To earn the Eagle Scout rank, the highest advancement rank in Scouting, a youth must fulfill requirements in the areas of leadership, service, and outdoor skills. Although many options are available to demonstrate proficiency in these areas, a number of specific skills are required to advance through the ranks—Tenderfoot, Second Class, First Class, Star, Life, and Eagle. To advance, a Scouts BSA youth must pass specific tests that are organized by requirements and merit badges.
1. Be active in your troop, crew, or ship for a period of at least six months after you have achieved the rank of Life Scout.
2. As a Life Scout, demonstrate that you live by the principles of the Scout Oath and Law in your everday life and tell how you have done your duty to God. List the names of individuals who know you personally and would be willing to provide a recommendation on your behalf, including parents/guardians, religious, educational, and employer references.
3. Earn a total of 21 merit badges (10 more than the minimum you must earn for Star and Life), including the following:
- a.First Aid
- b.Citizenship in the Community
- c.Citizenship in the Nation
- d.Citizenship in Society
- e.Citizenship in the World
- h.Personal Fitness
- i.Emergency Preparedness OR Lifesaving
- j.Environmental Science OR Sustainability
- k.Personal Management
- l.Swimming OR Hiking OR Cycling
- n.Family Life
You must choose only one merit badge listed in items i, j, and l. If you have earned more than one of the badges listed in items i, j, and l, choose one and list the remaining badges as elective merit badges to make your total 21.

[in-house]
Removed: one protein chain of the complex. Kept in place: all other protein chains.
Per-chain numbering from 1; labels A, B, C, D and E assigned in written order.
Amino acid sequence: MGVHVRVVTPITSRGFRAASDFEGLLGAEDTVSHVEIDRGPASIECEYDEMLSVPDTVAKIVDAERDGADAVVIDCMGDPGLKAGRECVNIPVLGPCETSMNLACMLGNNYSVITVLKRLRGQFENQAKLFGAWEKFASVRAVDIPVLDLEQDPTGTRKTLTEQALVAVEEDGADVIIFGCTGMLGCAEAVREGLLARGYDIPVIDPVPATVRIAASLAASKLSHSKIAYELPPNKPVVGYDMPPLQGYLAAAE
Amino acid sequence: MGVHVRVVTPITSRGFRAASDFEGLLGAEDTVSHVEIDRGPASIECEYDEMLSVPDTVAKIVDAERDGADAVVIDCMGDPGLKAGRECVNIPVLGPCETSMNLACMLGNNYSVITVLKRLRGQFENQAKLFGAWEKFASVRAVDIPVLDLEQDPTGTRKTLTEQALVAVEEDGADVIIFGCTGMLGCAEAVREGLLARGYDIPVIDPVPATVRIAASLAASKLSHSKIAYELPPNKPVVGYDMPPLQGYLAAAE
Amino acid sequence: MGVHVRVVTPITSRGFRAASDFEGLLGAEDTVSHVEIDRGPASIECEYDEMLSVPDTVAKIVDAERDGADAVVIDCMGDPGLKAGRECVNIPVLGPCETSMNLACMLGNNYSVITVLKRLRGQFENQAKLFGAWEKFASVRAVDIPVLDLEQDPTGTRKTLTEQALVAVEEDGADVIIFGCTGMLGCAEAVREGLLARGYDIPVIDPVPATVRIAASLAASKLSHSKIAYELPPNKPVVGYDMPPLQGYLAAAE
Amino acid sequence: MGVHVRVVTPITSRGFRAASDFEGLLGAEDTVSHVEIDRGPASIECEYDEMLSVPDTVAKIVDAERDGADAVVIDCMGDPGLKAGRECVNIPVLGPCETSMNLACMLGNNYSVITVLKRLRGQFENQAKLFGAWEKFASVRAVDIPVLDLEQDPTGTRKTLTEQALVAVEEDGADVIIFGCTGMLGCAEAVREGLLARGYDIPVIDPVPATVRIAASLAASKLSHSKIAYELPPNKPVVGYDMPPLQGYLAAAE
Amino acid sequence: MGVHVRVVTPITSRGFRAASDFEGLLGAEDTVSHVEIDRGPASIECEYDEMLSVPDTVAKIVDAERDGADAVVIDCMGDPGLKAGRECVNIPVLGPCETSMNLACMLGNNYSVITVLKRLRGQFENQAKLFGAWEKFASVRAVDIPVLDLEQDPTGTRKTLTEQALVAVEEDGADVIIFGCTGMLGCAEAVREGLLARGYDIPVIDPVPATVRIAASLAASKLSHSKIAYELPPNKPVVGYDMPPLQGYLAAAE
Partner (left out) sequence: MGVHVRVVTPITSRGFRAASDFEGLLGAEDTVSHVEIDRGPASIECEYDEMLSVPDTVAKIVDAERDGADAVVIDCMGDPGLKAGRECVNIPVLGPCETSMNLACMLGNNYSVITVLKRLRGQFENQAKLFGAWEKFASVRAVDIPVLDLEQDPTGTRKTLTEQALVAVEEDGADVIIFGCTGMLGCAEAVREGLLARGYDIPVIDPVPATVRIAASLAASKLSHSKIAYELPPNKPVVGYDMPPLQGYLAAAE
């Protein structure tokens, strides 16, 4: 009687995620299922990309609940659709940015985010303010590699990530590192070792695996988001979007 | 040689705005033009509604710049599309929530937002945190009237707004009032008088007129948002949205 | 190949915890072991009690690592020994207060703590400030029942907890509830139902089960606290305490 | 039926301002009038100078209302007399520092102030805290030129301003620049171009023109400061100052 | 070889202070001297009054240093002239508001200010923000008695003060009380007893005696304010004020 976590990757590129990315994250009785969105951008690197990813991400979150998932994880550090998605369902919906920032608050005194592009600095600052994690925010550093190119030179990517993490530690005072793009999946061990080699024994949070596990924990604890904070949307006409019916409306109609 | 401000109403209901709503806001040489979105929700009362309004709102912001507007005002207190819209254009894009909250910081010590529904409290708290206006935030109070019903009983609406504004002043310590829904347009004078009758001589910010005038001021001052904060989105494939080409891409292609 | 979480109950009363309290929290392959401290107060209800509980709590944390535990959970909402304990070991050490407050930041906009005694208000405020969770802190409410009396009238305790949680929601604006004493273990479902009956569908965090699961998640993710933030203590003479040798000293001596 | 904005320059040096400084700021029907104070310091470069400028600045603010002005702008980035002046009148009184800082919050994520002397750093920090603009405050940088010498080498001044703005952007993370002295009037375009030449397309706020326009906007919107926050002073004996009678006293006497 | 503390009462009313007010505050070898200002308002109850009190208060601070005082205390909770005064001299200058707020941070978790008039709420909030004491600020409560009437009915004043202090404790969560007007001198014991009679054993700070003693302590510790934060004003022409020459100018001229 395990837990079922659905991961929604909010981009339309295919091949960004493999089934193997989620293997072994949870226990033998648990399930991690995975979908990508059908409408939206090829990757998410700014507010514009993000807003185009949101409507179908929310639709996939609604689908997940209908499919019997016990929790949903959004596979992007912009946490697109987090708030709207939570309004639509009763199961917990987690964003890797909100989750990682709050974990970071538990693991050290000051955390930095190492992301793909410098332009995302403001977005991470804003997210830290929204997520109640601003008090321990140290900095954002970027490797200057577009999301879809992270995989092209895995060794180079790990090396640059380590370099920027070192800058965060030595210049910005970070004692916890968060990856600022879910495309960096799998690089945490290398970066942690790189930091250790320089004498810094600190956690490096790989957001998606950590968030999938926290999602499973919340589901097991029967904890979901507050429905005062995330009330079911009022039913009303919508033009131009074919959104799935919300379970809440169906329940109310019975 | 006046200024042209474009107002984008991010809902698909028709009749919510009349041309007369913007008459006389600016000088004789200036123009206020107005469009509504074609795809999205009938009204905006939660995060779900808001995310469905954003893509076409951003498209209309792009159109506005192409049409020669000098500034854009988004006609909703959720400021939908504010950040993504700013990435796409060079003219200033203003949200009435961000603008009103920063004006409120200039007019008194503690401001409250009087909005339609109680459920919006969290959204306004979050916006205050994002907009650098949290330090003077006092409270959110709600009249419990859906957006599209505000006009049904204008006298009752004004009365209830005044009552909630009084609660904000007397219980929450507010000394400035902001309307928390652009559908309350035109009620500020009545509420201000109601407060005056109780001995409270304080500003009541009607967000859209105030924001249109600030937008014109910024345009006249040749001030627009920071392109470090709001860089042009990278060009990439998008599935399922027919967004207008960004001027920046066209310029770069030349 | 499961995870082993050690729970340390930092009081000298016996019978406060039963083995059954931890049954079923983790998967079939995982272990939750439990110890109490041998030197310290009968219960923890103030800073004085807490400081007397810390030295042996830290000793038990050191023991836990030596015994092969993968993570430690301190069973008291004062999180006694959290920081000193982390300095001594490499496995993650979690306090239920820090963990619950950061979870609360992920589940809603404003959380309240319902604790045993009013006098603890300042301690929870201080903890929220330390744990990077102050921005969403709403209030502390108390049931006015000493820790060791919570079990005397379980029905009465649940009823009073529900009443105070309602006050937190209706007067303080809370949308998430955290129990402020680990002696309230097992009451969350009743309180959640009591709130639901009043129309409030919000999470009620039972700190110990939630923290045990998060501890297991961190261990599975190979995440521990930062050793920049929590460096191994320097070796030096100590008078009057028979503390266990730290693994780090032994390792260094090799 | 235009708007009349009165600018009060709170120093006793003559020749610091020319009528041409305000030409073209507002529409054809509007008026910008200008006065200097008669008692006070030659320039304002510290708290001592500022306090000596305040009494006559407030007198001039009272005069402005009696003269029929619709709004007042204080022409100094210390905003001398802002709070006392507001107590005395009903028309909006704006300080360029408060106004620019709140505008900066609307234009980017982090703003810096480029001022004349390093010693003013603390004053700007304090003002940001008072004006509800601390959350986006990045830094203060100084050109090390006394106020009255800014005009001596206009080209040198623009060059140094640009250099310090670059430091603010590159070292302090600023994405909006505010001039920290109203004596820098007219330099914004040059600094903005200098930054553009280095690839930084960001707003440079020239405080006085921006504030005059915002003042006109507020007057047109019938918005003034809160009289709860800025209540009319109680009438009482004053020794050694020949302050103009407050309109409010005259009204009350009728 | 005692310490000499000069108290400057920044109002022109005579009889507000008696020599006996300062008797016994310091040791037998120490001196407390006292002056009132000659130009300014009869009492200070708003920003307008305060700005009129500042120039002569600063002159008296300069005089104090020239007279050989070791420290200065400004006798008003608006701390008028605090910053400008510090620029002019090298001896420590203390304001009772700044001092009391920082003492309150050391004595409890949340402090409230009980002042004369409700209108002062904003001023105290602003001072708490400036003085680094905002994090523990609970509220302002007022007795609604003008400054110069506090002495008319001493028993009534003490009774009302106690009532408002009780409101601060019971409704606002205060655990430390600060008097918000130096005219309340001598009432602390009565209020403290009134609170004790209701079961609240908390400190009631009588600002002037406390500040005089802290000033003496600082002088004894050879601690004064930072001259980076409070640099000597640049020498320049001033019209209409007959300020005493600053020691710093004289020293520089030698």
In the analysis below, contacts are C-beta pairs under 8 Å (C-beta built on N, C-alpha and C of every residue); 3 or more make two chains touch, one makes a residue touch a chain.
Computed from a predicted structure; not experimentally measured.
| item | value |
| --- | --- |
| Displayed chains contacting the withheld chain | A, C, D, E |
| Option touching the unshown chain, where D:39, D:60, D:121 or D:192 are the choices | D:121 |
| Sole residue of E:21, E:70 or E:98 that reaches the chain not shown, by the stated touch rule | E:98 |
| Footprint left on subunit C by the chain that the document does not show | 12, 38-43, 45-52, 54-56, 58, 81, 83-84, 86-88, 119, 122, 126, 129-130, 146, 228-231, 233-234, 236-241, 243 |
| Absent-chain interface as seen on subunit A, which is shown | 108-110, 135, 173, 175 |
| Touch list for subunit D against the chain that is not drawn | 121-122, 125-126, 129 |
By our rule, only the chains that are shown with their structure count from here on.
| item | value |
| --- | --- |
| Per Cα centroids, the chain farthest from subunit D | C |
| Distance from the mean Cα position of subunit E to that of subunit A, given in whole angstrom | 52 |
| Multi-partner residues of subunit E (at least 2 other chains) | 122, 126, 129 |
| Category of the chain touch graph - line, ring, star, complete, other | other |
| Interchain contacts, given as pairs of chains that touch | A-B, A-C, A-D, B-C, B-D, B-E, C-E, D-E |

4. While a Life Scout, serve actively for a period of six months in one or more of the following positions of responsibility:
Scouts BSA troop. Patrol leader, assistant senior patrol leader, senior patrol leader, troop guide, Order of the Arrow troop representative, den chief, scribe, librarian, historian, quartermaster, junior assistant Scoutmaster, chaplain aide, instructor, Webmaster, or Outdoor Ethics guide.
Venturing crew. President, vice president, secretary, historian, den chief, treasurer, guide, quartermaster, chaplain aide, Outdoor Ethics guide.
Sea Scout Ship. Boatswain, boatswain’s mate, purser, yeoman, storekeeper, crew leader, media specialist, specialist, den chief, chaplain aide
Lone Scout. Leadership responsibility in your school, religious organization, or club, or elsewhere in your community
5. While a Life Scout, plan, develop, and give leadership to others in a service project helpful to any religious institution, any school, or your community. (The project must benefit an organization other than the BSA.) A project proposal must be approved by the organization benefiting from the effort, your unit leader and unit committee, and the council or district before you start. You must use the Eagle Scout Service Project Workbook, BSA publication No. 512-927, to meet this requirement.
6. While a Life Scout, participate in a unit leader conference.
7. Successfully complete an Eagle Scout board of review.
In preparation for your board of review, prepare and attach to your Eagle Scout Rank Application (download and save the application form to a permanent folder before filling out to prevent data loss) a statement of your ambitions and life purpose and a listing of positions held in your religious institution, school, camp, community, or other organizations, during which you demonstrated leadership skills. Include honors and awards received during this service.